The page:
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DDOS against DYN

Posted on 2016-10-23
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Last Modified: 2016-10-24
Does anyone know the type of traffic (protocol and ports) that the bots were programmed to use to attack dyn name servers?
Not sure if they published that yet.
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Question by:trojan81
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by:Mal Osborne
ID: 41856408
Almost certainly DNS queries on port 53. A DDOS attack is when thousands of machines all make many requests at once, exceeding the capacity of the service in question to respond to genuine queries.
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by:trojan81
ID: 41856435
Did they publish which name servers yet  or does someone know the CIDR ranges?
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Mal Osborne earned 251 total points
ID: 41856447
The attack was against DynDns. A heap of compromised devices were used.

 Not sure if there is anything documenting all servers the DynDns uses for DNS, that information would have to come from them. Also, it is possible that not all IPs they use were attacked. They will have this information, but my opt to keep it secret.

Some can be inferred by examining NS records for affected domains.

Below is a bit of a writeup.

http://hub.dyn.com/traffic-management/dyn-statement-on-10-21-2016-ddos-attack
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by:Learnctx
Learnctx earned 83 total points
ID: 41856455
The bulk of the attack was mainly one of 3 things.

1. TCP SYN requests to port 53 (SYN flood). These cause half open connections because the attacking host never sends the server the ACK so it begins tying up server resources.
2. Lookups for non-existent random subdomains for which Dyn is authoritative for (pseudo random subdomain lookups). This will tie up server resources by causing uncached lookups to occur.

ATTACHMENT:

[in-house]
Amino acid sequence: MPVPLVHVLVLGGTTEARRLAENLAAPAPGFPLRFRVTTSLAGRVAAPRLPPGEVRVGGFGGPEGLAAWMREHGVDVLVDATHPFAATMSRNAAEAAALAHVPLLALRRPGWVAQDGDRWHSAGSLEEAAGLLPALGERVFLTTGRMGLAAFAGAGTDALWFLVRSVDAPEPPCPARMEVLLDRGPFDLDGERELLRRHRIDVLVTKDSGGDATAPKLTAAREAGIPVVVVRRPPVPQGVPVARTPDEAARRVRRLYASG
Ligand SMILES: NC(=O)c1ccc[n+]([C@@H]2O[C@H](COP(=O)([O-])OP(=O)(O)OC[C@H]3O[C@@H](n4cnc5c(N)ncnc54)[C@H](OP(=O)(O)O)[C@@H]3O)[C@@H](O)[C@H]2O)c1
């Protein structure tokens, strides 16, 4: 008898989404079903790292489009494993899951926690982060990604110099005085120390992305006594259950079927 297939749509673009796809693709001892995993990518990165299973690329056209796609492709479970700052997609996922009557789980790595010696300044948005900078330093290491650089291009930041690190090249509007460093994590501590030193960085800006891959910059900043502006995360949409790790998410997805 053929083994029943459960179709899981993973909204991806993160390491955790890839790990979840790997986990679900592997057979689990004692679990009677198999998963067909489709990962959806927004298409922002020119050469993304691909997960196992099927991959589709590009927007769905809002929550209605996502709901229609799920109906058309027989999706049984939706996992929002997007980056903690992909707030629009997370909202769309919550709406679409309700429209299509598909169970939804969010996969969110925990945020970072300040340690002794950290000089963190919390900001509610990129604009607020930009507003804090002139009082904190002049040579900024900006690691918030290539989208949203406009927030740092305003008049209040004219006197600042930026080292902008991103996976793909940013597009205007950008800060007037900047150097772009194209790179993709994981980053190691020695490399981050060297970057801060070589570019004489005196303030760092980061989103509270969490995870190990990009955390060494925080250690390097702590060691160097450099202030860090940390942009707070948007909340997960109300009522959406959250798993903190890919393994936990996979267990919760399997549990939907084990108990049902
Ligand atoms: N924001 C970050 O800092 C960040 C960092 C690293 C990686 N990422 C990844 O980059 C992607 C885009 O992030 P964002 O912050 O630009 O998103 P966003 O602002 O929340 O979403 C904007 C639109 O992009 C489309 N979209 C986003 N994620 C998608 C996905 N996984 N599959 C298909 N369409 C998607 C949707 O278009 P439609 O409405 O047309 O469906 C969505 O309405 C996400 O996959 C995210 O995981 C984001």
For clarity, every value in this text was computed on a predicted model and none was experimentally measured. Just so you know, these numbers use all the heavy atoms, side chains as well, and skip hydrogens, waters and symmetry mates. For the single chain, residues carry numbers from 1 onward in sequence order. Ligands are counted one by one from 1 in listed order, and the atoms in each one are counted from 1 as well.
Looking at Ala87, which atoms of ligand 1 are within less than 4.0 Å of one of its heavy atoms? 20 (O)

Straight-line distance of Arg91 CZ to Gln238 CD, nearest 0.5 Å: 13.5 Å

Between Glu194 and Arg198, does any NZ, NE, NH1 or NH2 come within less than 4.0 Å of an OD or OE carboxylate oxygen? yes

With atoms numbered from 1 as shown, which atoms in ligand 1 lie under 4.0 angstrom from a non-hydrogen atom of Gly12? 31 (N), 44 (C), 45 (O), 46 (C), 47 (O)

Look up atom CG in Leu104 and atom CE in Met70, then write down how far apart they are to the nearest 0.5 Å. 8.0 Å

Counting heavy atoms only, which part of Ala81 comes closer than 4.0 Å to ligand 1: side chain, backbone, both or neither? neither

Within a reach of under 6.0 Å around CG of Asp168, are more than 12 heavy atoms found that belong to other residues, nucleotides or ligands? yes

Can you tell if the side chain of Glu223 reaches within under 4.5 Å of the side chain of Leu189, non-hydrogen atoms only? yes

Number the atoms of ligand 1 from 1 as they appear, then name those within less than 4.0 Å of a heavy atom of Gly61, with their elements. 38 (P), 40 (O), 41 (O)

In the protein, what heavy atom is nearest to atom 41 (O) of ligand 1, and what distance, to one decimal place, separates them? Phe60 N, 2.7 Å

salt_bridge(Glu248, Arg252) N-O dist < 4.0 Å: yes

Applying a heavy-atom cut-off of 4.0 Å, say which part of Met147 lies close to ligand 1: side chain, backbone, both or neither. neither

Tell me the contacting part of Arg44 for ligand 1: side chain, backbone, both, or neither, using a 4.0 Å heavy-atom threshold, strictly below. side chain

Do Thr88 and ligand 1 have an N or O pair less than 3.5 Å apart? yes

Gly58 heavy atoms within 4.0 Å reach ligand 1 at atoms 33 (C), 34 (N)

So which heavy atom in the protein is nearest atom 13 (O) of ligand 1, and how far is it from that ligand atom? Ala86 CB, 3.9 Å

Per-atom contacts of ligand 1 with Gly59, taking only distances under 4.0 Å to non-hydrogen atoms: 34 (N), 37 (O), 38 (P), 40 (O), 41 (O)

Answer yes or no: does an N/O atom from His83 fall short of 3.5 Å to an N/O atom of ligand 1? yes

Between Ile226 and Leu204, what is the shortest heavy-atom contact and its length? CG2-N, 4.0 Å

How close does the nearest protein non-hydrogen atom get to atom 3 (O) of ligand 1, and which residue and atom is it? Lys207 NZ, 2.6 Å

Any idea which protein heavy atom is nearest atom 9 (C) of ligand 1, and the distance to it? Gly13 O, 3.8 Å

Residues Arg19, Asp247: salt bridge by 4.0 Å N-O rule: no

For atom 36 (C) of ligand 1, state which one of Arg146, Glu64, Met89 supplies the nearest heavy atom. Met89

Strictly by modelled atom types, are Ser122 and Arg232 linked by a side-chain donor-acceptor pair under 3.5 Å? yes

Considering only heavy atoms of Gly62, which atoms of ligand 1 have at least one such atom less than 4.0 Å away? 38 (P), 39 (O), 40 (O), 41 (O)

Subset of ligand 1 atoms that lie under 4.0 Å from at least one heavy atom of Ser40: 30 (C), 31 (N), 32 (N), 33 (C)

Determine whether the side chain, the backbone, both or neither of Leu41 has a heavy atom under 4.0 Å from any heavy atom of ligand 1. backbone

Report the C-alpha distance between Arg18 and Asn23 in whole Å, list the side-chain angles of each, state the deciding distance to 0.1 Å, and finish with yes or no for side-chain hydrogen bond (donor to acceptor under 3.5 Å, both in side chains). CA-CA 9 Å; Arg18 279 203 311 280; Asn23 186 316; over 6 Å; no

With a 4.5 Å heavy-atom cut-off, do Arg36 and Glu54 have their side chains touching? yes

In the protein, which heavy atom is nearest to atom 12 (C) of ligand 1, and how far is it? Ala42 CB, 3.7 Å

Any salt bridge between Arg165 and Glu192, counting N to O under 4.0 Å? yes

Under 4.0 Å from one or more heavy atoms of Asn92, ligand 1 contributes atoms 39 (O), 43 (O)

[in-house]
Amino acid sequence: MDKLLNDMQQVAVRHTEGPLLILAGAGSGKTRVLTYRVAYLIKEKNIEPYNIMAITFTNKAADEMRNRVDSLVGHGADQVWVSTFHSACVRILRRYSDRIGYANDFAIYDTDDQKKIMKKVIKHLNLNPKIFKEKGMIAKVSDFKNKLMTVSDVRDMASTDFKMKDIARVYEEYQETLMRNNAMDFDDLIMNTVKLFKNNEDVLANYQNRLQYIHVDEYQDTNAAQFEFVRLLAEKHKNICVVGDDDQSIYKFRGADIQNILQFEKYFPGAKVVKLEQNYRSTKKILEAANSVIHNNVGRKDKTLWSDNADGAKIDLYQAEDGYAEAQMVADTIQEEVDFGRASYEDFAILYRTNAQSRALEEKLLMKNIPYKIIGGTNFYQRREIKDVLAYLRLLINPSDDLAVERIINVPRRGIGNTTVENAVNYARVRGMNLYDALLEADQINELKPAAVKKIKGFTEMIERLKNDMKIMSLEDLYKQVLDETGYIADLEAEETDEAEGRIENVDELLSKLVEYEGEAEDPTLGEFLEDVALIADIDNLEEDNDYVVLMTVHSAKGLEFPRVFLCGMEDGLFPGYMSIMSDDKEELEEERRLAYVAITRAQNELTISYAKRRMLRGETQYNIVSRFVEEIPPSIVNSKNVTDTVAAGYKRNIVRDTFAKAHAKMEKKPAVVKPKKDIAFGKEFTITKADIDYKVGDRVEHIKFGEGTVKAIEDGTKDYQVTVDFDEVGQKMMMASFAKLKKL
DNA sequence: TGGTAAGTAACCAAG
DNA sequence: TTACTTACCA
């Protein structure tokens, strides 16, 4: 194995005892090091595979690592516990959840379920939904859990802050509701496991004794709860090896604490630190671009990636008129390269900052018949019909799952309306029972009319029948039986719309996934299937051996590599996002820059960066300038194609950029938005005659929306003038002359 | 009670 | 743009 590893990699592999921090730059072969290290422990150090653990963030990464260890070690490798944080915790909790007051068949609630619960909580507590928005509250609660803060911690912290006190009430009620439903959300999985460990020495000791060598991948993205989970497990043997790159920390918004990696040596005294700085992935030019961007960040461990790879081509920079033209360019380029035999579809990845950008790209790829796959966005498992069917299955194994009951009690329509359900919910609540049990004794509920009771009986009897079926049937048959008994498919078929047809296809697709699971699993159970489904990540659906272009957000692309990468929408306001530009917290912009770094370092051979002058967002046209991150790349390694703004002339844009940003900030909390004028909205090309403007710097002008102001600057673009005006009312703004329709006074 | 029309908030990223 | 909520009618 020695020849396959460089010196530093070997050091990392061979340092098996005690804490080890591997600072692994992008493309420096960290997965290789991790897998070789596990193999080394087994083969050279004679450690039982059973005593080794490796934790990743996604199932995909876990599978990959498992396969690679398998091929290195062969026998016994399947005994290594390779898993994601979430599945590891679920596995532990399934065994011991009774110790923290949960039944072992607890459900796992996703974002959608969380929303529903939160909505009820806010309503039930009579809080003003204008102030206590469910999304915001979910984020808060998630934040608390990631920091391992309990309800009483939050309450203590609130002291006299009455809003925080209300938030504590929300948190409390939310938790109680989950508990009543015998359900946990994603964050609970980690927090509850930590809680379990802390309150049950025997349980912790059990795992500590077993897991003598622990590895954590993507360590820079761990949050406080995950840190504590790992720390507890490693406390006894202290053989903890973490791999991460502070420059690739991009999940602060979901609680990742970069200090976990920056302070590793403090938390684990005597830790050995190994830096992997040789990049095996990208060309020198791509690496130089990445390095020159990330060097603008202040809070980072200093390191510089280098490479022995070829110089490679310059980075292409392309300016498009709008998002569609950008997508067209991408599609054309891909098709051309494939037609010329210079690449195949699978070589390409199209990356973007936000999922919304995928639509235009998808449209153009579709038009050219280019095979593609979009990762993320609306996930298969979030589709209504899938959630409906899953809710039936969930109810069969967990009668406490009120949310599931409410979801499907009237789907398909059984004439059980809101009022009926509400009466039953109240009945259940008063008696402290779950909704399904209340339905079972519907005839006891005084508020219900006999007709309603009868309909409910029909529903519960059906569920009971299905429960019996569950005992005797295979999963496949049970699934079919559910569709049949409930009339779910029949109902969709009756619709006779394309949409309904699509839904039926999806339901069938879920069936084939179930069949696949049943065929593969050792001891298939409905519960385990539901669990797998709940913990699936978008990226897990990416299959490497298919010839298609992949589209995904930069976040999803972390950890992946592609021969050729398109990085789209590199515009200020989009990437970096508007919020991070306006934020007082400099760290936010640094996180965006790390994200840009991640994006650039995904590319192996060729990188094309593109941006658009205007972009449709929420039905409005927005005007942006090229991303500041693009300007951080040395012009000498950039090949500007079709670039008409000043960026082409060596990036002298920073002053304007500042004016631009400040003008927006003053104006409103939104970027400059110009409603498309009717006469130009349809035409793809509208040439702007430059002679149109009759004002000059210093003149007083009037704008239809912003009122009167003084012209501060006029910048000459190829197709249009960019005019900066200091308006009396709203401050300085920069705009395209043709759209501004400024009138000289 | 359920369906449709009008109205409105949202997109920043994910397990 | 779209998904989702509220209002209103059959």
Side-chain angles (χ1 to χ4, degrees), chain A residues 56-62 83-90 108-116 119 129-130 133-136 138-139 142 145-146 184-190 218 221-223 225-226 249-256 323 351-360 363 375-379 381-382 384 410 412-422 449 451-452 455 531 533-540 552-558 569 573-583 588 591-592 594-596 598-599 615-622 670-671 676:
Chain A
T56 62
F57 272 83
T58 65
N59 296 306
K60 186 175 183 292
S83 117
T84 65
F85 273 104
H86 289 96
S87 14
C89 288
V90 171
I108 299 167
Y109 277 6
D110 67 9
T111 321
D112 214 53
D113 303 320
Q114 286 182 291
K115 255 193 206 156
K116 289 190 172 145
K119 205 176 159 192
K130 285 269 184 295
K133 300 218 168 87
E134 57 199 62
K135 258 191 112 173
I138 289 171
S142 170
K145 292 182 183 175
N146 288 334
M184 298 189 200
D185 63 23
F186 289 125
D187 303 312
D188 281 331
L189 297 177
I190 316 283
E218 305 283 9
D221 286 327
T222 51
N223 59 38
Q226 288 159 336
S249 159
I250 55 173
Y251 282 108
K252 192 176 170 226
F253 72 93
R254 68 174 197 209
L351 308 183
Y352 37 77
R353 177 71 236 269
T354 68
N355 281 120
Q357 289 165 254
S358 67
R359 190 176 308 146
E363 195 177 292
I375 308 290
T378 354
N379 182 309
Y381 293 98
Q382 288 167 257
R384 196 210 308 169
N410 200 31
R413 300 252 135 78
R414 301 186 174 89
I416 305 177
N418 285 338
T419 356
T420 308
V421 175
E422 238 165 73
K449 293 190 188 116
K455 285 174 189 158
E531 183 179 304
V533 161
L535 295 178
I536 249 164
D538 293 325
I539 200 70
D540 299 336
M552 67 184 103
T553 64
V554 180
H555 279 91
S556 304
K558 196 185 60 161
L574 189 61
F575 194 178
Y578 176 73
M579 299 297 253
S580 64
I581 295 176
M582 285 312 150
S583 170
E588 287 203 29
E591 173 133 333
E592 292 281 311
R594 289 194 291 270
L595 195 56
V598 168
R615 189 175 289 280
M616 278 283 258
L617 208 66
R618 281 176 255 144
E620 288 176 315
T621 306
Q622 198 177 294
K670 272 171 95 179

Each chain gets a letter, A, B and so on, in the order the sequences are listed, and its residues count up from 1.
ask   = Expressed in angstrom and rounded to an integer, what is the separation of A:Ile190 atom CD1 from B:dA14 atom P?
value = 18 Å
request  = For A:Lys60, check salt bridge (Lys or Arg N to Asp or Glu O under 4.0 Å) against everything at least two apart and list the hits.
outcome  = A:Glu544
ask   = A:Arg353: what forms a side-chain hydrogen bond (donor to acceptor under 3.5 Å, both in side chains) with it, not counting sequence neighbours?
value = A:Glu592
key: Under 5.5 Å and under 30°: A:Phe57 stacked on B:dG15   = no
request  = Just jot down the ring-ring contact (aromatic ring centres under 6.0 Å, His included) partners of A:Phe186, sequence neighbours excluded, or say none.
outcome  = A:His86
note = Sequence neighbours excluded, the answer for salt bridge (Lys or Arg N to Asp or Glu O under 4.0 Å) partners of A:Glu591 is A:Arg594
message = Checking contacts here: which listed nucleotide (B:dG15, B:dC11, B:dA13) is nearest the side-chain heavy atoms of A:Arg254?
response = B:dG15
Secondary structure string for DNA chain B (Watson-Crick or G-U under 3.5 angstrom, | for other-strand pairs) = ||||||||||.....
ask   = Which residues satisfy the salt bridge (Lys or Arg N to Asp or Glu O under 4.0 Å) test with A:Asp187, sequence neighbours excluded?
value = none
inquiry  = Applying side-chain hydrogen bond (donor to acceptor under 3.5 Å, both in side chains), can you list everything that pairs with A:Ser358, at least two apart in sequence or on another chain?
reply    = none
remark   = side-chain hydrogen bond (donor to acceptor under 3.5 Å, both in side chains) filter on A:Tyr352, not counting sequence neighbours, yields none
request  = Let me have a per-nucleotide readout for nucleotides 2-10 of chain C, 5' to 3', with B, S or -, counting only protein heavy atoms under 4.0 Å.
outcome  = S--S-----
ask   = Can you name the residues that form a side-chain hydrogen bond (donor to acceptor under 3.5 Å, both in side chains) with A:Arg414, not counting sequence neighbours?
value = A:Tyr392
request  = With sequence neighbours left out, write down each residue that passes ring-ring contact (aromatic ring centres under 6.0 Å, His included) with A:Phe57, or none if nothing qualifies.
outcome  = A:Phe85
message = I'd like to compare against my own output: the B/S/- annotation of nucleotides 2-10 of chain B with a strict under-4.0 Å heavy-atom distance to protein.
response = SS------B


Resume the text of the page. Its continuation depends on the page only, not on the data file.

3. Random non-existent DNS record lookups which like the above cause uncached record lookups to try tie up server records and various other record lookups to further tie up resources.

You're basically doing your best to make the servers work as hard as possible and generate as much traffic as possible.
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by:arnold
arnold earned 83 total points
ID: 41856471
The attack could target the domains they wish to impact, lookup for NS records of those domains will identify the IPs to which requests should be sent.
The target could have been a specific one from the impacted domains, with the others as collateral damage.
Only dyn has what was being requested.

The difficulty might be if dyn has dual function DNS both authoritative and caching in one.

Separating authoritative from caching will limit impact to caching clients while leaving the authoritative sites functional.
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Author Comment

by:trojan81
ID: 41856507
When of if DYN publishes what the attack looked like, many Network admins will be able to identify if there were compromised hosts from their own network. LearnCTX you offered some possible scenarios, but they are guesses for now.  It could have also been a DIG request in which the request is small but the reply is huge.
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by:madunix
madunix earned 83 total points
ID: 41856555
As stated in Hackernews; the attacker went with a bandwidth of flooding packets at 1 Tbps;  They create a army of IoT devices to send the traffic. So, millions of devices using their own bandwidth at the same time.  Tbps or greater you're dealing with literal backbone throughput limitations. Preparation is key. If you prepare poorly for an attack you will be poorly prepared to handle the attack.
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by:trojan81
ID: 41856563
thanks for the comments
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by:btan
ID: 41856843
You can check out the article which has the analysis - mainly on "DNS Water Torture" and "GRE IP and Ethernet Floods". This is closely related to the Mirai botnet
Mirai’s attack function enables it to launch HTTP floods and various network (OSI layer 3-4) DDoS attacks.

For network layer assaults, Mirai is capable of launching GRE IP and GRE ETH floods, as well as SYN and ACK floods, STOMP (Simple Text Oriented Message Protocol) floods, DNS floods and UDP flood attacks.

https://f5.com/about-us/news/articles/mirai-the-iot-bot-that-took-down-krebs-and-launched-a-tbps-ddos-attack-on-ovh-21937
https://www.incapsula.com/blog/malware-analysis-mirai-ddos-botnet.html
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